A number of comments have come my way on the city's plan to remove a traffic lane on portions of Westwood Boulevard and Sepulveda Boulevard and add a bike lane. I think it's a dumb idea that will cause even more congestion (here's my post). Yet at City Hall, this kind of initiative has become a way for elected officials to show constituents that they're doing something about L.A. transportation. Anyway, thanks for the feedback:
Thank you for your article this morning.You are right on! I biked for 30 years, including six miles daily to work, and I am horrified by the current crop of cyclists. My boyfriend lives Downtown and we have come close to being run over twice while walking on the sidewalk. I see people riding on the sidewalk and crossing traffic lanes in the most dangerous and bizarre manner. I am a proponent of cycling and bike lanes, but bikers need to remember that they are (for the most part) bound by the same rules as autos, if you assume the rights of being a vehicle you also assume the responsibility.We need to prohibit riding on the sidewalk and the police need to ticket for violations.
Couldn't agree with you more. Santa Monica has become unbearable for driving these days. Whenever I have to travel, especially north and south, I almost always use either Ocean Avenue or 11th Street. 2nd to Lincoln has become a traffic nightmare what with the continuing and expanding construction on all these streets, and don't get me started on the political absurdity of granting more access to bicyclists on major thoroughfares. Just what we need: more arrogant entitled riders.
Your most recent article has to be among the most poorly researched I've seen in some time.I'd be curious whether you've taken some non-trivial bike ride on L.A. streets in traffic in the last year or so. If not, you might consider enhancing your perspective. Even the "safest" bike lanes on the West side, the ride along Santa Monica Boulevard from Sepulveda to Century City, sometimes leave me shaken. It's scary out there for cyclists, and we need to do more for them. To my knowledge, they are the only road users that decrease pollution and congestion and improve public health at one stroke.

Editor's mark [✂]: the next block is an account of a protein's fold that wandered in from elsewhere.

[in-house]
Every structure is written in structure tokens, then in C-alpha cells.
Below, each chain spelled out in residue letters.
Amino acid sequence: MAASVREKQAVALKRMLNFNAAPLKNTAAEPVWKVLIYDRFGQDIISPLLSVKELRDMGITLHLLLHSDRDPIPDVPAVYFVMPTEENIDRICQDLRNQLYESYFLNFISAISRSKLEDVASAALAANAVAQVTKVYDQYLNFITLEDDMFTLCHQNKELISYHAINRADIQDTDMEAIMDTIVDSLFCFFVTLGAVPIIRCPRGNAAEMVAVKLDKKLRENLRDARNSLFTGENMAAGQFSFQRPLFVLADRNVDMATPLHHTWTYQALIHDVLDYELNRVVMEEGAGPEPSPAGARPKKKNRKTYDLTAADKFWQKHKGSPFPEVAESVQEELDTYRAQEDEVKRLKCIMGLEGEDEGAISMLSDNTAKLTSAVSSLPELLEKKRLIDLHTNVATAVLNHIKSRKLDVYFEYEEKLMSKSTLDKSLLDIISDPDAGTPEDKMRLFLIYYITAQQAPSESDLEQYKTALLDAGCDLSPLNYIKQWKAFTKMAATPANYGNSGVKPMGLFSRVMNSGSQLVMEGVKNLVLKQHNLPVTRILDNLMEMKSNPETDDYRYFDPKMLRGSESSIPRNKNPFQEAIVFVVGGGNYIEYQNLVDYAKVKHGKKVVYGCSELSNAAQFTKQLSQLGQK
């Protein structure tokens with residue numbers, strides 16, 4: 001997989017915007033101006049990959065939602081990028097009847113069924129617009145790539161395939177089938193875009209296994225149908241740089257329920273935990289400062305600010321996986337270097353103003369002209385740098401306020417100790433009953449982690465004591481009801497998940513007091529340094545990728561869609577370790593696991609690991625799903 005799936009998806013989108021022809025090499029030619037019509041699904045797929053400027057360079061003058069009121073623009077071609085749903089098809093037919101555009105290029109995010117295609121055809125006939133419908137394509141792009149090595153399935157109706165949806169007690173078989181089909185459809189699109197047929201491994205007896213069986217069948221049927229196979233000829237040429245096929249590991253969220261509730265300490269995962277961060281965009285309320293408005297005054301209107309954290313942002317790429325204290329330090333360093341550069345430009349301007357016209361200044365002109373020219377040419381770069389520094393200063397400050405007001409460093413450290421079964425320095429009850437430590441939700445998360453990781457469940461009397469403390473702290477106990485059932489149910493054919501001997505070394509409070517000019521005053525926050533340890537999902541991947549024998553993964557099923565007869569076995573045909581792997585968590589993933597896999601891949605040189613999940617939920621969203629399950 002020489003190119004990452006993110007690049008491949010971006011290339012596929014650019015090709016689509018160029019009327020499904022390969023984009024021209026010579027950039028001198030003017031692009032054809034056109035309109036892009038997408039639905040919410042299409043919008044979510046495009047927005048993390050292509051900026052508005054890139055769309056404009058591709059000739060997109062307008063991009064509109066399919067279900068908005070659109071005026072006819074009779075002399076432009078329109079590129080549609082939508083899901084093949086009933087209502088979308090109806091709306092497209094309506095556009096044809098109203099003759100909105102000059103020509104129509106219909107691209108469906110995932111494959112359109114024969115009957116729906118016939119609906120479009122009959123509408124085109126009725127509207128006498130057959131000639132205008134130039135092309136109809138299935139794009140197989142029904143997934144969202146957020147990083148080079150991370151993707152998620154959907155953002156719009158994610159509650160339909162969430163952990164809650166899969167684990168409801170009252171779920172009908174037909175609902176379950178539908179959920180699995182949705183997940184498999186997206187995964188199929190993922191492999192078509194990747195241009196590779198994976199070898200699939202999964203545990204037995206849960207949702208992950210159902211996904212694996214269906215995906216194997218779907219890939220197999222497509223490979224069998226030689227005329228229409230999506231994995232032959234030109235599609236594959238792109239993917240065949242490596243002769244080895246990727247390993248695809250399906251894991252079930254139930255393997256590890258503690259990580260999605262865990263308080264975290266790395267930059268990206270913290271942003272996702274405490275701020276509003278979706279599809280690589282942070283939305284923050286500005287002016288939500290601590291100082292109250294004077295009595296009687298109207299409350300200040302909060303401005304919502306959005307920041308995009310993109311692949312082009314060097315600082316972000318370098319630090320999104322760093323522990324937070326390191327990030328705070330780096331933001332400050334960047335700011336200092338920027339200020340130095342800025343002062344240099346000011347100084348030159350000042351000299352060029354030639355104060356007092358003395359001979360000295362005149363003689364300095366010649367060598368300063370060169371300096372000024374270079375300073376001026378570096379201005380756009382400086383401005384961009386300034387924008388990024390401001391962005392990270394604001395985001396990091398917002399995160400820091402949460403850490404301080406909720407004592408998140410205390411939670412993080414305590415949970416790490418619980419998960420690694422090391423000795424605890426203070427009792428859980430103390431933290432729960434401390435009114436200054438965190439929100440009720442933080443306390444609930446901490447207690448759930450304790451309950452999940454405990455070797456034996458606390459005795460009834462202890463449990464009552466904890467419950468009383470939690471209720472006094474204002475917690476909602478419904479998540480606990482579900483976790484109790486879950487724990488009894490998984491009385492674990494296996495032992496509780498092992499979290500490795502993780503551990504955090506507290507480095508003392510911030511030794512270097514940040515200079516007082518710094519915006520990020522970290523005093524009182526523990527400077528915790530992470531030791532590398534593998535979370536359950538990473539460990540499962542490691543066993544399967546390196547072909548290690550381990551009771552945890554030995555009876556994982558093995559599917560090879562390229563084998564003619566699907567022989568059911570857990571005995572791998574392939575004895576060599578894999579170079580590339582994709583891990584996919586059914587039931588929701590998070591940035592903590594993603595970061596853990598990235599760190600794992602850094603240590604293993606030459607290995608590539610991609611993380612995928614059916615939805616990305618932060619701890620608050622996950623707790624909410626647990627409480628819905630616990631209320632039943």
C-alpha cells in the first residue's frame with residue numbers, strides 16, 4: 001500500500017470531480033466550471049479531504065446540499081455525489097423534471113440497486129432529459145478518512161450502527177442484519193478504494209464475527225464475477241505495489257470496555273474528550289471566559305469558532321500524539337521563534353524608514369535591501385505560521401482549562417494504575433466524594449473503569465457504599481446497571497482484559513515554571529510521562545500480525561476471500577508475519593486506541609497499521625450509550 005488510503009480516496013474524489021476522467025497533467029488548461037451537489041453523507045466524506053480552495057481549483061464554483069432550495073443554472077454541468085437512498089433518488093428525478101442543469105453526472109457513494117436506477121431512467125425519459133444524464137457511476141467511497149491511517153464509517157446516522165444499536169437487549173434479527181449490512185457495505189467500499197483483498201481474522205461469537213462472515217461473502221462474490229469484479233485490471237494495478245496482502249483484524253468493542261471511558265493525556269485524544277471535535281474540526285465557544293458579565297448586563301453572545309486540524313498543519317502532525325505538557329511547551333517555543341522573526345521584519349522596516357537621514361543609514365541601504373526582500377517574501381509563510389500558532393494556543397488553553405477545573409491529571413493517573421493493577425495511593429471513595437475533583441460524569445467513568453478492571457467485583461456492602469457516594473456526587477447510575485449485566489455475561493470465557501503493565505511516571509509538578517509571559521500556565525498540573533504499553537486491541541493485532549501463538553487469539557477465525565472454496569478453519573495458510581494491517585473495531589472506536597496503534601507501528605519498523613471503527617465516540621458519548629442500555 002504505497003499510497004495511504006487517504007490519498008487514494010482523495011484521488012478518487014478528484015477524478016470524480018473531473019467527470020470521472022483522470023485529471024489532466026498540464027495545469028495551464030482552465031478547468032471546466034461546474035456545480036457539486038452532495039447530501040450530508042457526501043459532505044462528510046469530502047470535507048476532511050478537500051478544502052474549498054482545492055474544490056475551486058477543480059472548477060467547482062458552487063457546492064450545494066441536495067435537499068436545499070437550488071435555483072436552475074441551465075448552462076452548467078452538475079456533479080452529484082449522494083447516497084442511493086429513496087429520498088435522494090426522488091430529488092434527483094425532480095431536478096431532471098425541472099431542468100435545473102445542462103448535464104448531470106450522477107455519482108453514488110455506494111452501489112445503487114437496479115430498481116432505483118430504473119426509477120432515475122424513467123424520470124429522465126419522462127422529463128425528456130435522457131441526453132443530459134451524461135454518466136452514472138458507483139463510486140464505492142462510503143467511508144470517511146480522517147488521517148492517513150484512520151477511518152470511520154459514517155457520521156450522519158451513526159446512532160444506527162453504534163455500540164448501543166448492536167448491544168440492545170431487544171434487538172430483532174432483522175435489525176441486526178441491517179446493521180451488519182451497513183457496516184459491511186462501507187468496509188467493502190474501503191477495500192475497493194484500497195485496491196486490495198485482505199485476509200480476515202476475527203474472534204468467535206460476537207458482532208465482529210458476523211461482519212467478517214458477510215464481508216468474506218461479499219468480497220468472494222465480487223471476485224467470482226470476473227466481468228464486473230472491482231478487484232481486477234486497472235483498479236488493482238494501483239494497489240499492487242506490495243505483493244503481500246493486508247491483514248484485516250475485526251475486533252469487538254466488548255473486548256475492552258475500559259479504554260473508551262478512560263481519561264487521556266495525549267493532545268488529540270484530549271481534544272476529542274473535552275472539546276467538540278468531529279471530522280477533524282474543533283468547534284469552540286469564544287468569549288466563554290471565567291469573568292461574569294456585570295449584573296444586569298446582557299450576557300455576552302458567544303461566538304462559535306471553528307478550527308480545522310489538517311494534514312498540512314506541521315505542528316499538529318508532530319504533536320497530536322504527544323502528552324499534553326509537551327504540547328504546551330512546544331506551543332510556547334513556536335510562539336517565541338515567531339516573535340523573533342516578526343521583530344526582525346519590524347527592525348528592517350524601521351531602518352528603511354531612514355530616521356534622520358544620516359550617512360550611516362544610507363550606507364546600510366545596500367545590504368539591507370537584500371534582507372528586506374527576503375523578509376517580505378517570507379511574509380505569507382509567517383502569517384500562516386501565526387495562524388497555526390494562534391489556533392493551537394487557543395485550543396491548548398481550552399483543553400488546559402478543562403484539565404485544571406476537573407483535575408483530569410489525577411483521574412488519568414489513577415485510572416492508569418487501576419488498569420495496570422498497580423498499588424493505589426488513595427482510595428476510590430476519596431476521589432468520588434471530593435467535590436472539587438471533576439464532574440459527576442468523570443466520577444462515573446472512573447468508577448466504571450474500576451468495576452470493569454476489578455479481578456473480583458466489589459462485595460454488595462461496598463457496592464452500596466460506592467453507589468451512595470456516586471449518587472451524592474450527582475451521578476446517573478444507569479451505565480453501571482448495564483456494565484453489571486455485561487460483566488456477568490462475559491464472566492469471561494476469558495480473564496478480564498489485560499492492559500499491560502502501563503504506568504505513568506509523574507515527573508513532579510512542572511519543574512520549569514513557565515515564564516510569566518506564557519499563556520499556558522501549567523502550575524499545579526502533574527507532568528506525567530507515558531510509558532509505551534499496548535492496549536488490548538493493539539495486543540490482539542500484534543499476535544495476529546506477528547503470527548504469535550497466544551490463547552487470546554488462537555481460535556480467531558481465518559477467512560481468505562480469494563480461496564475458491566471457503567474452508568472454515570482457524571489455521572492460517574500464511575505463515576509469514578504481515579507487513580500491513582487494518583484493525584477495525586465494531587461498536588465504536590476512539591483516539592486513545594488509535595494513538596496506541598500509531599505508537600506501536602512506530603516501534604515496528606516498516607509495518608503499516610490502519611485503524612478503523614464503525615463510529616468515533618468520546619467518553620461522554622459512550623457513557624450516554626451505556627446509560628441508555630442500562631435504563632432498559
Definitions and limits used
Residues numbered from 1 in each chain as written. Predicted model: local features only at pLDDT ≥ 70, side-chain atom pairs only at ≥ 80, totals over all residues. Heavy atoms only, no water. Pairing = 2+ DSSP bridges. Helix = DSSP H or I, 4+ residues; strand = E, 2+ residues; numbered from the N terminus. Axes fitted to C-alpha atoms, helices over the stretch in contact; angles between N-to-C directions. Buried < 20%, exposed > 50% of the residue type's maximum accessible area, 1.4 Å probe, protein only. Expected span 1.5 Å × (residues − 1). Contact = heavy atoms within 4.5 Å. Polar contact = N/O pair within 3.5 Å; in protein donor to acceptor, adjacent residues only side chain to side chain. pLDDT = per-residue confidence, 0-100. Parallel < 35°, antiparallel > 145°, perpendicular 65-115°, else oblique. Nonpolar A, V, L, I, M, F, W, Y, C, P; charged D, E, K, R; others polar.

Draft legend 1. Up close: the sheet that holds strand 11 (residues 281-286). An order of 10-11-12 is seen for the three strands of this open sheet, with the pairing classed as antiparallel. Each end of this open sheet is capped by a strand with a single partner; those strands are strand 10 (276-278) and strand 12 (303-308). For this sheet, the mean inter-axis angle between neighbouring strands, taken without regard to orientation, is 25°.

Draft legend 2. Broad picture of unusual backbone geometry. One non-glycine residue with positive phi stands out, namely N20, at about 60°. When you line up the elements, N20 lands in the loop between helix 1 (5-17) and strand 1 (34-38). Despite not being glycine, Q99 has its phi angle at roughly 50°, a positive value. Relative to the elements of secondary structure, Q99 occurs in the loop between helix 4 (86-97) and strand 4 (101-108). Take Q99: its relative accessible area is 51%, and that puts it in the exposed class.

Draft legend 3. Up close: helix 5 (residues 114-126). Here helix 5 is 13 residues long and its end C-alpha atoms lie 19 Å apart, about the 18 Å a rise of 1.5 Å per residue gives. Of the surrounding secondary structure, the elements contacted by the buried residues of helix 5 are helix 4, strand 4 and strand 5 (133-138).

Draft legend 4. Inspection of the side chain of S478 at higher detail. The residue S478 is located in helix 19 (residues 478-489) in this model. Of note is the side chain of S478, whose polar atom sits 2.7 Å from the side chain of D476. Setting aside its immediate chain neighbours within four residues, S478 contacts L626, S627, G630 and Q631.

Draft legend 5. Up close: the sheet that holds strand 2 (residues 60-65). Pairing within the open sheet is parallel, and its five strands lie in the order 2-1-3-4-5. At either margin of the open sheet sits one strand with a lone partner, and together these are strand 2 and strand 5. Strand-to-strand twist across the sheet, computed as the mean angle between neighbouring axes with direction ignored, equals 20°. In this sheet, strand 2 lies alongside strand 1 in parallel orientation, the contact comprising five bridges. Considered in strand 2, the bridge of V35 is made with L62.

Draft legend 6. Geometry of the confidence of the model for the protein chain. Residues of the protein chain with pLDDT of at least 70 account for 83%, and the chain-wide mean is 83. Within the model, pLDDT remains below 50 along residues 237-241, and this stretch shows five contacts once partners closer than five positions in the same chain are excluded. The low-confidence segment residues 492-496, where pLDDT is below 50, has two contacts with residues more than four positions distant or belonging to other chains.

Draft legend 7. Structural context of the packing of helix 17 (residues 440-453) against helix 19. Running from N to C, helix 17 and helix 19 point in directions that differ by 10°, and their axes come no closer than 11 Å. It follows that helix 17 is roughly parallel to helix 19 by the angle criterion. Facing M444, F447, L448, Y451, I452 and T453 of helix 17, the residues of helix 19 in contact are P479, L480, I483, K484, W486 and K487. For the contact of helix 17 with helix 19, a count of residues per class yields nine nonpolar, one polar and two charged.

Liked your piece today on bike lanes in LAO. I, too, believe they are mostly a feel good project with a very small return on investment (much like car pool lanes on the freeway). It's not so bad when bike lanes are part of new construction, but to take away space from existing lanes is stupid. LA City recently added bike lanes to a section of Foothill Bl. from the LA City / Glendale line through Sunland Tujunga where I live. It's a minor traffic disruption, except during morning and evening hours when it becomes a moderate disruption. In our community who uses them? Mostly nobody. I've see a few recreational bikers on weekends and the homeless who push their carts along the street. Big waste of resources and money.
What a knee-jerk reaction to a forward thinking idea. L.A. has seen a sharp increase in the number of bicyclists commuting to work. The CicLAvia program is one of the most popular community events in the city's history. Clearly there's a thirst for alternative means of transportation, if only L.A. was able to better support it. Why not try these lanes? If it doesn't work out, they can always go back to the old ways.
*From LAStreetsblog on Tuesday night's public hearing:
From the start, it looked like a bad night for bicycle advocates on the Westside. Before the evening began, a post on L.A. Observed by Mark Laceter [sic] layed down the stakes for Westside residents at the LADOT and City Planning community meeting on 5 Bike Plan projects on the Westside. It's normal people versus cycling zealots in a battle over public space. Emails from homeowner's groups were similarly dire. Despite the efforts of advocates, especially the Bike Coalition's (LACBC's) Eric Bruins to "community activists" about how bike lanes and other traffic calming devices are good for all road users; Laceter and many of those present last night at the "community meeting" can't seem to see past their windshield.